in the mean time invite the aboard for xmas dinner,before going to bed we decide it would be best if we left early,or by 9 am at least as quite a long sail to koh phi phi the next day.

we duly left by 9.30,just coming up the coast when we are about 2miles off shore the sunami struck just after 10am.

if it hadn't been for this chain of events,my wife and kids and some of the crew would definitely have been on the beach......................
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Old 07-02-2011, 09:41   #45
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Regarding my statement that "Science is seeking the truth, and self correcting"... The scientist that do not stand to loose jobs or funding, depending on their findings, like the accredited ones that have studied climate change, fall into that category. They really are seeking the truth, even if it proves themselves to be previously wrong. THIS is how they become well known, and the truth is their ultimate incentive. This is what makes them tick... FINDING THE TRUTH...

(A good example is that ASTRONOMERS recently declared themselves previously wrong for decades, and Pluto is NOT a planet)! The "seeking of the truth" is their motivator, not money, or "saving face".

With climate change, where there are "na sayers"... The individual scientist that were funded by say... EXXON, or had funding from a biased source, do not fall into the category that I was referring to. And their results are to be ignored. Almost 100%, in that group of scientist, are neither accredited or published. They were not even AT these world gatherings of the most knowledgeable scientist in the field, so never compared their data.

There was a debate about "Climate Change" over 15 ago, between the world's leading scientist in the field. It has been over for many years. 99% of the unbiased, accredited & published scientist in the field, who have compiled their data and compared it to the data compiled by similar accredited and published scientist, from all over the world, have come to the same conclusion. (What we as individuals have observed, or even one country has observed, is irrelevant.) It is worldwide...

By using ice core samples taken from Antarctica for example, and going back in time millions of years, it is clear that the carbon levels have gone up and down parallel to, but before, the average ocean temperature, (=the Earth's temperature). It is also clear that natural events in the past, have been responsible for many climate changes. These changes were either over tens of thousands of years, in cycles, or following some worldwide event. The carbon rise in the atmosphere in the last 100 years, is to fast to be a "cycle", and in the absence of a "worldwide event" to explain it, and the presence of MASSIVE human use of fossil fuels in the last 100 years, the evidence is clear. It has been totally accepted among the educated people of the world, as sufficiently proven to be acted upon immediately, for over 10 years. Certainly proven right up there with evolution. The "debate" over this, is an American phenomenon for the most part. (A country in which, embarassingly... 40% of the people do not believe in evolution either).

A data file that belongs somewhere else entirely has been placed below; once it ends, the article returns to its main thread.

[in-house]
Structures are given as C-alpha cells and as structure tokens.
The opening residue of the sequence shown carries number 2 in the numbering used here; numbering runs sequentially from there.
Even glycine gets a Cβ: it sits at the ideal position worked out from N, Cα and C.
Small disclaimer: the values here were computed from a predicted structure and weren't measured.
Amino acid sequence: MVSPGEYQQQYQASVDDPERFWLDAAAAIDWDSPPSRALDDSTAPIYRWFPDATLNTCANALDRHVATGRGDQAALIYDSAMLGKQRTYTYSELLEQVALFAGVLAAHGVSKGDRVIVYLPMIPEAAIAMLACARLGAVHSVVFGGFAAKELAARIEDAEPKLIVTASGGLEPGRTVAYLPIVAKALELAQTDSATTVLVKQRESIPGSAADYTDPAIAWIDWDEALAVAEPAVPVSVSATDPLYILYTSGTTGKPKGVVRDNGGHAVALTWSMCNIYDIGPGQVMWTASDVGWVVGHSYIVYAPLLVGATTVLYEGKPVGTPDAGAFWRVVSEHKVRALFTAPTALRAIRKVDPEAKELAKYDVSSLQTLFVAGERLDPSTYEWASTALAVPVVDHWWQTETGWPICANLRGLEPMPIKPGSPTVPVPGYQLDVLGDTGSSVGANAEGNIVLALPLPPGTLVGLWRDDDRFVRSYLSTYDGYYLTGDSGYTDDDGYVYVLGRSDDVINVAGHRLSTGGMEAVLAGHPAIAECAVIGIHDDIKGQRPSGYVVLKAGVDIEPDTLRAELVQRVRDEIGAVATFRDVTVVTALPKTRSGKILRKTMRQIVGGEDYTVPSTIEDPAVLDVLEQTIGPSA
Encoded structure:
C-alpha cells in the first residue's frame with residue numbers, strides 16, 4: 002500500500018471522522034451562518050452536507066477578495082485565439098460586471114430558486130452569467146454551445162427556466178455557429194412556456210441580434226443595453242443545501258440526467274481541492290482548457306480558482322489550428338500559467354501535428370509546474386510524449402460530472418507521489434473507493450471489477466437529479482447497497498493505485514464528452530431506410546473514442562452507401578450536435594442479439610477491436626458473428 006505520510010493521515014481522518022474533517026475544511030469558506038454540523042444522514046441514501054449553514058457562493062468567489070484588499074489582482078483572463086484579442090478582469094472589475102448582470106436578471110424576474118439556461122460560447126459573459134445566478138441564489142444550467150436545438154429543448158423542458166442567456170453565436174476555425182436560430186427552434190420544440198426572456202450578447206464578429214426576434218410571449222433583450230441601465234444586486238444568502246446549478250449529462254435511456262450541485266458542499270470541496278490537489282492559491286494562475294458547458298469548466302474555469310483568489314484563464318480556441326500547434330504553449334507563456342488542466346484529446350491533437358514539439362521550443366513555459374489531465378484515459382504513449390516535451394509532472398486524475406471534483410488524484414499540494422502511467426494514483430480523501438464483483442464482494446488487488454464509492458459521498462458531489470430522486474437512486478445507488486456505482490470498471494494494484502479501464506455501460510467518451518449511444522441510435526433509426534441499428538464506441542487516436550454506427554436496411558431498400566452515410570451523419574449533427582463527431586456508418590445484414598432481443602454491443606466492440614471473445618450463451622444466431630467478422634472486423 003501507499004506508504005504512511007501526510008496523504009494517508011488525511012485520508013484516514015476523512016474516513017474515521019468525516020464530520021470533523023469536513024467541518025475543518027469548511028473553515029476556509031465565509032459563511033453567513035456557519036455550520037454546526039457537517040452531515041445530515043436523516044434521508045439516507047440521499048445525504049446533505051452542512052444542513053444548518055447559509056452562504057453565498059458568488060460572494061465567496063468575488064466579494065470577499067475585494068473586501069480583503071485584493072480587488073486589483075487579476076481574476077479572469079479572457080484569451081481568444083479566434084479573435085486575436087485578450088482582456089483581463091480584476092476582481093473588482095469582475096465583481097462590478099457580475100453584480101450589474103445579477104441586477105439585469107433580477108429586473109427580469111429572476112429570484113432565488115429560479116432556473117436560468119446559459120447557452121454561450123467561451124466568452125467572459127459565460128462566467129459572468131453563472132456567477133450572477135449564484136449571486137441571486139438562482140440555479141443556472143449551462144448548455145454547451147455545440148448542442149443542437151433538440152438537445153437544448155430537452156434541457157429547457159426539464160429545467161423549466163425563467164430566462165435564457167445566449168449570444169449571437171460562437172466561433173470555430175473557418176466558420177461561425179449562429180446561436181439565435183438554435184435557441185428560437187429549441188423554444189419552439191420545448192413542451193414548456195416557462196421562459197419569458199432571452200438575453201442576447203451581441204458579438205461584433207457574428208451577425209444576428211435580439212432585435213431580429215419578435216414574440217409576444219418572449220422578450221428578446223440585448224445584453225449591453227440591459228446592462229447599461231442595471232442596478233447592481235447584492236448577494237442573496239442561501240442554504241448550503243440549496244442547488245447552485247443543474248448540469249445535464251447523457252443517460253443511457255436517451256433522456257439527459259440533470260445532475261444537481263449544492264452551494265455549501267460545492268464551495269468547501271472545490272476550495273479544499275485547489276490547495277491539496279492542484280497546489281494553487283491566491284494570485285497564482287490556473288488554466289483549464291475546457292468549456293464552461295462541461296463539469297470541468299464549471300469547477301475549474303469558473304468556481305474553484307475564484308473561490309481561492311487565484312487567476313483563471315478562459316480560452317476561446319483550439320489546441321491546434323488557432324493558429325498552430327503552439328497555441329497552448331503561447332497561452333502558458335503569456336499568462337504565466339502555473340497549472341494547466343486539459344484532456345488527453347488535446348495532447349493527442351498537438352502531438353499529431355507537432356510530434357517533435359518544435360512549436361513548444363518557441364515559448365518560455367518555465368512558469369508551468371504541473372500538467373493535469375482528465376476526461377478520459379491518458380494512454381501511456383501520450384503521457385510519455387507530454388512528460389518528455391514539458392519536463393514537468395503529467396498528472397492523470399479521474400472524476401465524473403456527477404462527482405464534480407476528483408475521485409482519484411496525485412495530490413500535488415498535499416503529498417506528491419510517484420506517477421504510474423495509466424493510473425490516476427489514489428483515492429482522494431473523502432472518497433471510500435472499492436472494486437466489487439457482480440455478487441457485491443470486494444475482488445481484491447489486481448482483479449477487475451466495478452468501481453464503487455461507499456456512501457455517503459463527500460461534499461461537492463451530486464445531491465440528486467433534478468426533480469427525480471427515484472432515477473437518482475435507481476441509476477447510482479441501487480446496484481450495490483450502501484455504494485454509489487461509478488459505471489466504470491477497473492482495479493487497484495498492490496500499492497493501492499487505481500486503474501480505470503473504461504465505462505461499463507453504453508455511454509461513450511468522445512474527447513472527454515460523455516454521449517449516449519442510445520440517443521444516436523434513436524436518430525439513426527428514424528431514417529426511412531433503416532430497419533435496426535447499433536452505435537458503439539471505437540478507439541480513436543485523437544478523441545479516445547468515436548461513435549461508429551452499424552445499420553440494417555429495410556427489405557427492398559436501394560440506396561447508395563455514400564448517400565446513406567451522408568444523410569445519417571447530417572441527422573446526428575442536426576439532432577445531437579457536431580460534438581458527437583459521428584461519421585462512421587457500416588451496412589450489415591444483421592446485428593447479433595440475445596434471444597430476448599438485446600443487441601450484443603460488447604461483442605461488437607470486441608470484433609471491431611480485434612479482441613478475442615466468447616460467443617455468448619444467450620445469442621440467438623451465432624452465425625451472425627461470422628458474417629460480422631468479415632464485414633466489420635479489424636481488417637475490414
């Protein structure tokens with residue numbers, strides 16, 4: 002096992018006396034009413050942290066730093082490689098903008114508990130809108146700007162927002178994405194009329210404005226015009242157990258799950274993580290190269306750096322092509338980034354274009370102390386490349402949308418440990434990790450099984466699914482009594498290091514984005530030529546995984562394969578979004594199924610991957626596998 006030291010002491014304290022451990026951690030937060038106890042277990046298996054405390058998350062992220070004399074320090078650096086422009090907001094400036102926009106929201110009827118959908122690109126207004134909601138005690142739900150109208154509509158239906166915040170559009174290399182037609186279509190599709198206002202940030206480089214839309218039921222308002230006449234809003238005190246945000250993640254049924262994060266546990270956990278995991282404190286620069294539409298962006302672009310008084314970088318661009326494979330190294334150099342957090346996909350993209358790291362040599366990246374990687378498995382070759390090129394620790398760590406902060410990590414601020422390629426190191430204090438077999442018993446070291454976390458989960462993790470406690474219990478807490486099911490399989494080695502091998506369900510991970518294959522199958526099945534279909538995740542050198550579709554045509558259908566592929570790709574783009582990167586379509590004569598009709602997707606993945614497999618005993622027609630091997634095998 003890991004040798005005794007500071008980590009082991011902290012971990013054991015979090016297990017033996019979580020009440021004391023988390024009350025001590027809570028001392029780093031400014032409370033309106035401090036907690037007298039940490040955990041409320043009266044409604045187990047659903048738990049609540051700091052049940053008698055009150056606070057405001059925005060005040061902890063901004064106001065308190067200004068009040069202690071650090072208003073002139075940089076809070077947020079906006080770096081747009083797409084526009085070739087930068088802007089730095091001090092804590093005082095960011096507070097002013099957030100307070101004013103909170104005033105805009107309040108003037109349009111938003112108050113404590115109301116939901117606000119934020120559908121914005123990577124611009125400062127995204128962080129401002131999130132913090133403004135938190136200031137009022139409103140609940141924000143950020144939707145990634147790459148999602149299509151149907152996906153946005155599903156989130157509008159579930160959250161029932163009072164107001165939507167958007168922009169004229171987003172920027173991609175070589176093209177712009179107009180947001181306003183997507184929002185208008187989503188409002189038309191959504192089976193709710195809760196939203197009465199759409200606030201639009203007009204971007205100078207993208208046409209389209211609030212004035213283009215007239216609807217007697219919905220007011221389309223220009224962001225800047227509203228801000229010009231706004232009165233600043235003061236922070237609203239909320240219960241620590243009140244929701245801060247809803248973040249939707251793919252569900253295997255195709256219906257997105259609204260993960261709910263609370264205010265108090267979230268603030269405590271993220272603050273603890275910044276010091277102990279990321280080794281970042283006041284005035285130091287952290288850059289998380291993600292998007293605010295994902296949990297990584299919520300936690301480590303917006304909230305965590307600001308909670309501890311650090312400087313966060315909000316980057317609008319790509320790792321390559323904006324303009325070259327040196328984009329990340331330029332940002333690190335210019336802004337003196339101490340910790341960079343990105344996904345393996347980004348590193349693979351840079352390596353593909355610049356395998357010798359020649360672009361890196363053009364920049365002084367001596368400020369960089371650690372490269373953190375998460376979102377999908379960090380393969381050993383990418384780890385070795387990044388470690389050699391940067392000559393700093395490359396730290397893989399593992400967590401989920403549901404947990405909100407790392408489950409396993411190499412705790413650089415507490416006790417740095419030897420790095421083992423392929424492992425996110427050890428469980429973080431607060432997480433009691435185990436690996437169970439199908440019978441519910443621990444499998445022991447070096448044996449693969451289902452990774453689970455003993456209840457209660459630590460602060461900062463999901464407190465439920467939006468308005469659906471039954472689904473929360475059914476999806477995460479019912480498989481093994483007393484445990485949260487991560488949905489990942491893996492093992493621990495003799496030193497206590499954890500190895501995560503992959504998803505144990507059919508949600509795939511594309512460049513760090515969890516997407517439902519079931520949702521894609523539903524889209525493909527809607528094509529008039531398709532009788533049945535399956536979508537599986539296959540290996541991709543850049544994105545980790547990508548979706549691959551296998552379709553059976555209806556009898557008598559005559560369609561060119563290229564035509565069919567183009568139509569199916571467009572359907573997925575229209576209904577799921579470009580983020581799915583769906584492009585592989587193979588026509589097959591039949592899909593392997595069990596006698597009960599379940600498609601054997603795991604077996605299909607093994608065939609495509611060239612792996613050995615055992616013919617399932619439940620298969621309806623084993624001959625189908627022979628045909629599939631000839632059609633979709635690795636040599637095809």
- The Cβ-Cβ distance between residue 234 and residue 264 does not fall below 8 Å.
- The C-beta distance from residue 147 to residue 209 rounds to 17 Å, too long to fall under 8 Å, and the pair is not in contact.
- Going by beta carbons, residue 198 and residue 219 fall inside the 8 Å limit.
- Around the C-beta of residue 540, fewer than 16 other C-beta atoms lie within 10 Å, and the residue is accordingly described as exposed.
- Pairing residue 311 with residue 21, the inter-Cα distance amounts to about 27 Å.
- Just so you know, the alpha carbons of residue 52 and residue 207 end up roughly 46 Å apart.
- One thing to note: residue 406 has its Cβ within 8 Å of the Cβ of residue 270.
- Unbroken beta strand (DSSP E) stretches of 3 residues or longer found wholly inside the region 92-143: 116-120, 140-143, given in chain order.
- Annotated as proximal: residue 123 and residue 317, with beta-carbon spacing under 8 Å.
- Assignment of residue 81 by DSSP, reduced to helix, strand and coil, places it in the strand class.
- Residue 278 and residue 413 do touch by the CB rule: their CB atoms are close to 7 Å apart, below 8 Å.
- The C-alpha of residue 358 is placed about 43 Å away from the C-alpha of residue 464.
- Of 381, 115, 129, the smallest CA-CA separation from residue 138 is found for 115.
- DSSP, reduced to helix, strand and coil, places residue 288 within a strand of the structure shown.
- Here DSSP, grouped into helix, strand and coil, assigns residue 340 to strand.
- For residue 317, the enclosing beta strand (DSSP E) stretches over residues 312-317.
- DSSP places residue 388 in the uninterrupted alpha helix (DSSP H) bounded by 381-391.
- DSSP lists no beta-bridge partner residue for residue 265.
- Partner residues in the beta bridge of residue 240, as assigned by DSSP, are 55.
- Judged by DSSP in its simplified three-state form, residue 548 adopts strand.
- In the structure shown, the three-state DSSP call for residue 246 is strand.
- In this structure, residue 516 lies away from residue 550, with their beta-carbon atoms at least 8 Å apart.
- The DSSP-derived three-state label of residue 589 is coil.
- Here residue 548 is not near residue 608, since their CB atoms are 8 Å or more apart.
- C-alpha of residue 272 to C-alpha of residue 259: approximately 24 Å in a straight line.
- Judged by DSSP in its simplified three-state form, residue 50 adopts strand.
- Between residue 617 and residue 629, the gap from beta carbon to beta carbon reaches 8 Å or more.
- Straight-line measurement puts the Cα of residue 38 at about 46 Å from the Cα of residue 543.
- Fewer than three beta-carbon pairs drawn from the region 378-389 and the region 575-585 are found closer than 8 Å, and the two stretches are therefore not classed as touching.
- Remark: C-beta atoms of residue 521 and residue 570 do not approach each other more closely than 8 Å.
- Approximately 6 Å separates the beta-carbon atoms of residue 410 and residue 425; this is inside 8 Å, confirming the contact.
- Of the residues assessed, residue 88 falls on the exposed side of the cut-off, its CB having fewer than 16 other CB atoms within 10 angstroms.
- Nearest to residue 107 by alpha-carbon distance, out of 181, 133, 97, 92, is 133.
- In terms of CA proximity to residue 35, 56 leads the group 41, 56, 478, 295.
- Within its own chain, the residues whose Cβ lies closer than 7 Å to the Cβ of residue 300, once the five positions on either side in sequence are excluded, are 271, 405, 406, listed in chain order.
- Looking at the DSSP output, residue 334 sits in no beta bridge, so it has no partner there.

Primarily in the US, It has been distorted and politicized, largely because of Oil industry lobbyist, money, power, and the natural human tendency to believe that which will require the least amount of sacrifice on our part.

What makes me fear that it is too late and a moot point, is that Antarctica's ice HAS melted before. With ice core samples, the atmospheric CO2 at the time, that preceded these events has been measured. Our current level of CO2 is already HIGHER than that which has caused massive, rapid, worldwide ocean rise in the past!

Were talking about a large portion of the planet's landmass disappearing, millions of displaced people, causing mass migrations. This will likely lead to world wide wars over energy, territory, and most importantly... fresh water.

There IS a debate still raging, among even the world's reputable scientist, however. It is a different one from: "Is it real"? and "Did mankind cause it"? Those are already accepted as facts...

The real debate is: What is the time line? How bad will it get? Can Greenland's ice sheet rapidly slide into the sea? What other weather events will be caused? How can we deal with the rapid decline in the worlds ground water? In other words... What can we do about it?

We can bury our heads in the sand, or we can do what we can. The only portion of any problem in life, that we have control over, is the portion that we caused. I for one am trying to make a difference.

Like I said earlier, it is probably too little too late, and largely symbolic, but it helps me get through the day.

I don't doubt that their are many who disagree with me, we all have our opinions. This is no place for debate on the issue, however. I was simply answering the question about "the spiritual aspect of cruising" in the best way I know how, and I can think of nothing more to add.

Once again... Bless us all, equally, Mark